What s Different in the Revised Language Definition?

Declaring Properties

In the original language design, each set or get property accessor is specified as an independent member function. The declaration of each method is prefixed with the __property keyword. The method name begins with either set_ or get_ followed by the actual name of the property (as visible to the user). Thus, a Vector providing an x coordinate get property would name it get_x and the user would invoke it as x. This naming convention and separate specification of methods actually reflects the underlying runtime implementation of the property. For example, here is a Vector with a set of coordinate properties:

public __gc __sealed class Vector

{

public:

      // &

 

      __property double get_x(){ return m_x; }

      __property double get_y(){ return m_y; }

      __property double get_z(){ return m_z; }

 

      __property void set_x( double newx ){ m_x = newx; }

      __property void set_y( double newy ){ m_y = newy; }

      __property void set_z( double newz ){ m_z = newz; }

};

This was found to be confusing because it spreads out the functionality associated with a property and requires the user to lexically unify the associated sets and gets. Moreover, it is lexically verbose as well and feels inelegant. In the revised language design, which is more like that of C#, the property keyword (without the underscores) is followed by the type of the property and its unadorned name. The set and get access methods are placed within curly braces following the property name. Note that unlike C#, the signature of the access method is specified. For example, here Vector properties translated into the new language design well, no reason to duplicate all three coordinates.

public ref class Vector sealed

{

public:

      property double x

      {

            double get()

            {

                  return m_x;

            }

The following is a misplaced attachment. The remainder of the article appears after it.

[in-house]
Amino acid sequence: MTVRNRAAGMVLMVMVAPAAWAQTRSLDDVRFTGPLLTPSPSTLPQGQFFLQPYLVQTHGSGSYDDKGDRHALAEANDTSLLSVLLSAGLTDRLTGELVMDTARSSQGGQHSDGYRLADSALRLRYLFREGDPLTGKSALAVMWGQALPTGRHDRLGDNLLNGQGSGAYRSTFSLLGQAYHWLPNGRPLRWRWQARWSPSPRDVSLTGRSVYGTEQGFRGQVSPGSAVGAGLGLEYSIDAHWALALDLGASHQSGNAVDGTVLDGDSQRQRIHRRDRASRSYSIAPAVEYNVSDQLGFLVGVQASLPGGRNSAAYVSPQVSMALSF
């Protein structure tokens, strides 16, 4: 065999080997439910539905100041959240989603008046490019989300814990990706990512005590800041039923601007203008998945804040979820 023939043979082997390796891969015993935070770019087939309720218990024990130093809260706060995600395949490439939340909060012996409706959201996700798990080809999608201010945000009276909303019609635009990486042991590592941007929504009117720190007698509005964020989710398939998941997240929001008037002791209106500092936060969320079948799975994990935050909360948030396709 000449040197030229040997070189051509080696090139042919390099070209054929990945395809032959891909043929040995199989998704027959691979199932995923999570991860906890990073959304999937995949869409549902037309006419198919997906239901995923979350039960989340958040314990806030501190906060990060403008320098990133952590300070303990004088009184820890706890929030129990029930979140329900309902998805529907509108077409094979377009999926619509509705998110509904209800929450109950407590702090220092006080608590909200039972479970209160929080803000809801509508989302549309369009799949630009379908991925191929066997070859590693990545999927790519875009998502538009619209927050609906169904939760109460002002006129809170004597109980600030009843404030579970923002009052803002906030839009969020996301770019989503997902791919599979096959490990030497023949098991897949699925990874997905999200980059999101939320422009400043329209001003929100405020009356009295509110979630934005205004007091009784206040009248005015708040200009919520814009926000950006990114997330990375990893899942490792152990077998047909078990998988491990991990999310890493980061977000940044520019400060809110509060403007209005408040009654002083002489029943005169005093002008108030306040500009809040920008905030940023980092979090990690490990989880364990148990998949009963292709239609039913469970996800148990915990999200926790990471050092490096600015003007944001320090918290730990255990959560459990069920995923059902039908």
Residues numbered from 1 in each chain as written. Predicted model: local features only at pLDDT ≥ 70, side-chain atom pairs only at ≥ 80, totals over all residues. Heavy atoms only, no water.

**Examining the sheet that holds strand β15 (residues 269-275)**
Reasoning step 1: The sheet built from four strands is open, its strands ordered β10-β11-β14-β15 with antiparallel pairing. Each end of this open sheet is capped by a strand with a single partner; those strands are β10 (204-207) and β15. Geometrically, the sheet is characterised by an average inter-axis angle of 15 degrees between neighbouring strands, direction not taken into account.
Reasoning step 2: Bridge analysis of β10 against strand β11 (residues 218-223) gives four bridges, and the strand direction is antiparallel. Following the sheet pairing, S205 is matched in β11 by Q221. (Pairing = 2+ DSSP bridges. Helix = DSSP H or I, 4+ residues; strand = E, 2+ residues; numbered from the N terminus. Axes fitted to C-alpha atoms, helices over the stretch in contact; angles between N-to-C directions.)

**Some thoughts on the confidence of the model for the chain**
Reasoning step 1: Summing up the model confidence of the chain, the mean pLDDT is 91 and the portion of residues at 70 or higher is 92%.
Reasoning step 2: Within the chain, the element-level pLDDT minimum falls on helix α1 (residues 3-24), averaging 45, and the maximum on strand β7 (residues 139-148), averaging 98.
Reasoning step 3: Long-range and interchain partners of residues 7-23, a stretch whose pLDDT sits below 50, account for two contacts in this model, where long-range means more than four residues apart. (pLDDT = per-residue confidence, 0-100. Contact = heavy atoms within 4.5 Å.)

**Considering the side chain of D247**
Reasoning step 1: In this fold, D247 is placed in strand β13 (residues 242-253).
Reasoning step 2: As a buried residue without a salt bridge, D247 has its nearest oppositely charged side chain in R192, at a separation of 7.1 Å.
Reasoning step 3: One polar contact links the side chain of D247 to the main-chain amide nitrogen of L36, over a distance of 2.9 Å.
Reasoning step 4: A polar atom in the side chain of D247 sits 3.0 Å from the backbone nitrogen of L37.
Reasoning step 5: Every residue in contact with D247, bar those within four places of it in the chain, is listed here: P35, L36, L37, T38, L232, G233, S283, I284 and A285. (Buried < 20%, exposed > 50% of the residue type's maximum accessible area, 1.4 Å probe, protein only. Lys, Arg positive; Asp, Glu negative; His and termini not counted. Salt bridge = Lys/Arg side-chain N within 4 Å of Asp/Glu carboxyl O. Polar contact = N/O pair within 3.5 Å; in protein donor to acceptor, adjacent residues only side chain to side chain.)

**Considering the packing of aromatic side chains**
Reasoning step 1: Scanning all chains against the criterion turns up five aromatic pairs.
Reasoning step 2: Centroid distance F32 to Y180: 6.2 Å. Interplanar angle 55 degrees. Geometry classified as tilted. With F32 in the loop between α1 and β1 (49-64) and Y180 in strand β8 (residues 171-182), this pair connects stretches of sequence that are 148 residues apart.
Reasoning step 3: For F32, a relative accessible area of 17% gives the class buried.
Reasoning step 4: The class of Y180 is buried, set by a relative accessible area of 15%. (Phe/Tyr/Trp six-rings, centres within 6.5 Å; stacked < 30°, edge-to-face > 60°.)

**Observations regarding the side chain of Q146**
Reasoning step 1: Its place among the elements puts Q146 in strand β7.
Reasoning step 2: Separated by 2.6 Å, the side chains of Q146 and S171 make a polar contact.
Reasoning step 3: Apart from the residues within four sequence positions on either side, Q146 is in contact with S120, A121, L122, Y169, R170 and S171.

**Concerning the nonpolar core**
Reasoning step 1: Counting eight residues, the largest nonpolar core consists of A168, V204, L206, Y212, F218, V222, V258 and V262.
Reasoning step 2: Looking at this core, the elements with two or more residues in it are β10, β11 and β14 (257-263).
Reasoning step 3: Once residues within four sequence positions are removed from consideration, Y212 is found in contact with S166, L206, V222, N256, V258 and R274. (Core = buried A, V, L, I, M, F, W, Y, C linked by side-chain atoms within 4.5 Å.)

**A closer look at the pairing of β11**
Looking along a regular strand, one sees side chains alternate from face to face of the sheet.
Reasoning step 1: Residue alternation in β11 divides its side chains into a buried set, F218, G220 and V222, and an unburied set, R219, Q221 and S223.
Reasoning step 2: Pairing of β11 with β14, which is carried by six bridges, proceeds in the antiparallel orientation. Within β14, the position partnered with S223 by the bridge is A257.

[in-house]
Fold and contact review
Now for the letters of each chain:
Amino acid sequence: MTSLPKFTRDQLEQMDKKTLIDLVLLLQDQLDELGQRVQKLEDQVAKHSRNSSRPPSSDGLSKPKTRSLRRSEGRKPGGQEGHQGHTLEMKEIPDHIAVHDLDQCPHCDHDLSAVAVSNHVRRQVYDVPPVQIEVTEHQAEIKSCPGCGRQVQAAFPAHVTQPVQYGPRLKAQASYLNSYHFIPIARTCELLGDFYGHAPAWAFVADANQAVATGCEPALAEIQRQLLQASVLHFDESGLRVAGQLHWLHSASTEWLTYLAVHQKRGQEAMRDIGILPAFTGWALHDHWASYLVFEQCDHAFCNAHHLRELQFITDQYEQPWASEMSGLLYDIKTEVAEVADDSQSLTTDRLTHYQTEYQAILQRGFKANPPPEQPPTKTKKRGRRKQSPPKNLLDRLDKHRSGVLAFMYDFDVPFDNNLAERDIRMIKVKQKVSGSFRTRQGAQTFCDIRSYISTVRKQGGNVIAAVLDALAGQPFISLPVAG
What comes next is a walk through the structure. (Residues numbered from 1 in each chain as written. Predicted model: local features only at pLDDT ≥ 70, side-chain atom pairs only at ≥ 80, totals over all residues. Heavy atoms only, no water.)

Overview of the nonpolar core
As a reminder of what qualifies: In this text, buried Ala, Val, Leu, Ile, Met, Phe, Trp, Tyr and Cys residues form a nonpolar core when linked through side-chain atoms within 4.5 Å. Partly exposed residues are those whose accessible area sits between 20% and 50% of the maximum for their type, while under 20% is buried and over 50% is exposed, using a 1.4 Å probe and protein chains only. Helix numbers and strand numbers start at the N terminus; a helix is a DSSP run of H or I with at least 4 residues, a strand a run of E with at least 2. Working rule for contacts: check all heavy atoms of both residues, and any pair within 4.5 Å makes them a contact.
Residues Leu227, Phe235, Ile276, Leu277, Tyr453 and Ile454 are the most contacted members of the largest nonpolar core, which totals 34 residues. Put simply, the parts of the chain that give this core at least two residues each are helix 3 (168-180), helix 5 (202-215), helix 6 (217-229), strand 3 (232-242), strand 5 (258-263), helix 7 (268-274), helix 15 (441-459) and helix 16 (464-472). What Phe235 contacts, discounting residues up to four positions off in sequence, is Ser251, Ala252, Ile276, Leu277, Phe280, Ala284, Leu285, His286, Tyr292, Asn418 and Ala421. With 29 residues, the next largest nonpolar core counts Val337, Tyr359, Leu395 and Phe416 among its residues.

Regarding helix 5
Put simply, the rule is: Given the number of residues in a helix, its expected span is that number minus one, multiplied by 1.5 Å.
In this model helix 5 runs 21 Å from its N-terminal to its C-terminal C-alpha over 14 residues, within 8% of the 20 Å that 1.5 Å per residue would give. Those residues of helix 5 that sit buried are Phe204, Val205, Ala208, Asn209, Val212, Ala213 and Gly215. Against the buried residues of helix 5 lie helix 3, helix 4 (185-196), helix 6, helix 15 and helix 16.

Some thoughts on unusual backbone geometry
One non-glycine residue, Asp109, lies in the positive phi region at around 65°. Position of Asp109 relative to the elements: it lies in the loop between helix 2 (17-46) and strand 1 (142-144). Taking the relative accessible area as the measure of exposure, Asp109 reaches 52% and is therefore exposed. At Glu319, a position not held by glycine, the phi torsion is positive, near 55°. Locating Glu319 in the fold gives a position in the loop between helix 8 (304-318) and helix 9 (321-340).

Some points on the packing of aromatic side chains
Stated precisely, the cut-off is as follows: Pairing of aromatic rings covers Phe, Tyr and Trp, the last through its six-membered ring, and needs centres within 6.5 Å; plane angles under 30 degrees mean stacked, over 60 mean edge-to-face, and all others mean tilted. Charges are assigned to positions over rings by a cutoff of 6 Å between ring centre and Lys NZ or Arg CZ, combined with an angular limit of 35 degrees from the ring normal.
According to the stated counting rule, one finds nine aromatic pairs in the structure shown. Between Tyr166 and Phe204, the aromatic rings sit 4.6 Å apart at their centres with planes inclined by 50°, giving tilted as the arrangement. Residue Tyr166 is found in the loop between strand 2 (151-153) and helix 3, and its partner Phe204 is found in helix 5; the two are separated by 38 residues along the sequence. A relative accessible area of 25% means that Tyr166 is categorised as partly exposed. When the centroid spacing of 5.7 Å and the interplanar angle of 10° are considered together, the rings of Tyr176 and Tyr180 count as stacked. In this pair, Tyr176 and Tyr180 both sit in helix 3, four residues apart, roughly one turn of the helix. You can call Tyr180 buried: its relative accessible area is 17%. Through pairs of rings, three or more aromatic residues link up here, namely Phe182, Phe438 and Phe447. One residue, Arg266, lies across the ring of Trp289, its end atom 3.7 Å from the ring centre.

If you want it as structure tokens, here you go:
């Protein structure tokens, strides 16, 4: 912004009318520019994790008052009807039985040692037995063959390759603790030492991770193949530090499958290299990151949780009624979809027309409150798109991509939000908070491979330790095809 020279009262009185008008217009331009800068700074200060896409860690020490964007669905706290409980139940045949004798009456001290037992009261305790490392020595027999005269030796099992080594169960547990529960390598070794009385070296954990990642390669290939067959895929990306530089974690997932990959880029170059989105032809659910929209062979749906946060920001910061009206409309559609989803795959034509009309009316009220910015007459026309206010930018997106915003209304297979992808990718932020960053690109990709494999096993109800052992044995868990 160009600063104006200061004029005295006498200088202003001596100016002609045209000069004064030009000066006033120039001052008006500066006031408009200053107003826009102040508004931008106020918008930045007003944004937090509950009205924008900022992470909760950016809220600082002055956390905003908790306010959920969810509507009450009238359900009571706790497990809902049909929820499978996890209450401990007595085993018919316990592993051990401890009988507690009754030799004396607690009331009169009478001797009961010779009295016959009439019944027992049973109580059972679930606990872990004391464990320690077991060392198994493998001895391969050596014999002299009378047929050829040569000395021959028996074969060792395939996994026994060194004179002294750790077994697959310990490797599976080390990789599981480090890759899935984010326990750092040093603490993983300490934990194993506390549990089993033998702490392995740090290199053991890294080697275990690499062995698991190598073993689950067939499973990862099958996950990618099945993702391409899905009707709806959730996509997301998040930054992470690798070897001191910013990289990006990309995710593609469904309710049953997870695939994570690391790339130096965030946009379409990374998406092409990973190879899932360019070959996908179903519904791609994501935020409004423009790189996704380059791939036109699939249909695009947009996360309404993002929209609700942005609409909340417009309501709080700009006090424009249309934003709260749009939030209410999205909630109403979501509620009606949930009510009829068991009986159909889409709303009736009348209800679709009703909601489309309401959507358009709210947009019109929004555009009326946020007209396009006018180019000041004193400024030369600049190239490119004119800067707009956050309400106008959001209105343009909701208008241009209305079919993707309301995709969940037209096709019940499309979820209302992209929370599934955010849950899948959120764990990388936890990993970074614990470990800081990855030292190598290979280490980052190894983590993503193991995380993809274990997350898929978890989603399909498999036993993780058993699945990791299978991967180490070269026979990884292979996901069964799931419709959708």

void set( double newx )

            {

                  m_x = newx;

            }

 

      } // Note: no semi-colon &

 

      // etc.

 

};

If the access methods of the property reflect distinct access levels for example, a public get and a private or protected set accessor -- an explicit access label can be specified. By default, the access level of the property reflects that of the enclosing access section. For example, in the above definition of Vector, both the get and set methods are public. To make the set method private, the definition could be revised as follows:

public ref class Vector sealed

{

public:

      property double x

      {

            double get()

            {

                  return m_x;

            }

 

      private:

            void set( double newx )

            {

                  m_x = newx;

            }

 

      } // note: extent of private culminates here &

 

      // note: dot is a public method of Vector &

      double dot( const Vector^ wv );

// etc.

};

The extent of an access keyword within a property extends until either the closing brace of the property or the specification of an additional access keyword. It does not extend beyond the definition of the property to the enclosing access level within which the property is defined. In the above declaration, for example, Vector::dot() is a public member function.

Writing the set/get properties for the three Vector coordinates is a bit tedious given the canned nature of the implementation: (a) declare a private state member of the appropriate type, (b) return it when the user wishes to get its value, and (c) set it to whatever new value the user wishes to assign. In the revised language design, a shorthand property syntax is available which automates this usage pattern:

 

public ref class Vector sealed

{

public:

      // equivalent shorthand property syntax

      property double x;

property double y;

property double z;

};

 

The interesting side-effect of the shorthand property syntax is that while the backstage state member is automagically generated by the compiler, it is not accessible within the class except through the set/get accessors. Talk about the strict enforcement of data hiding!

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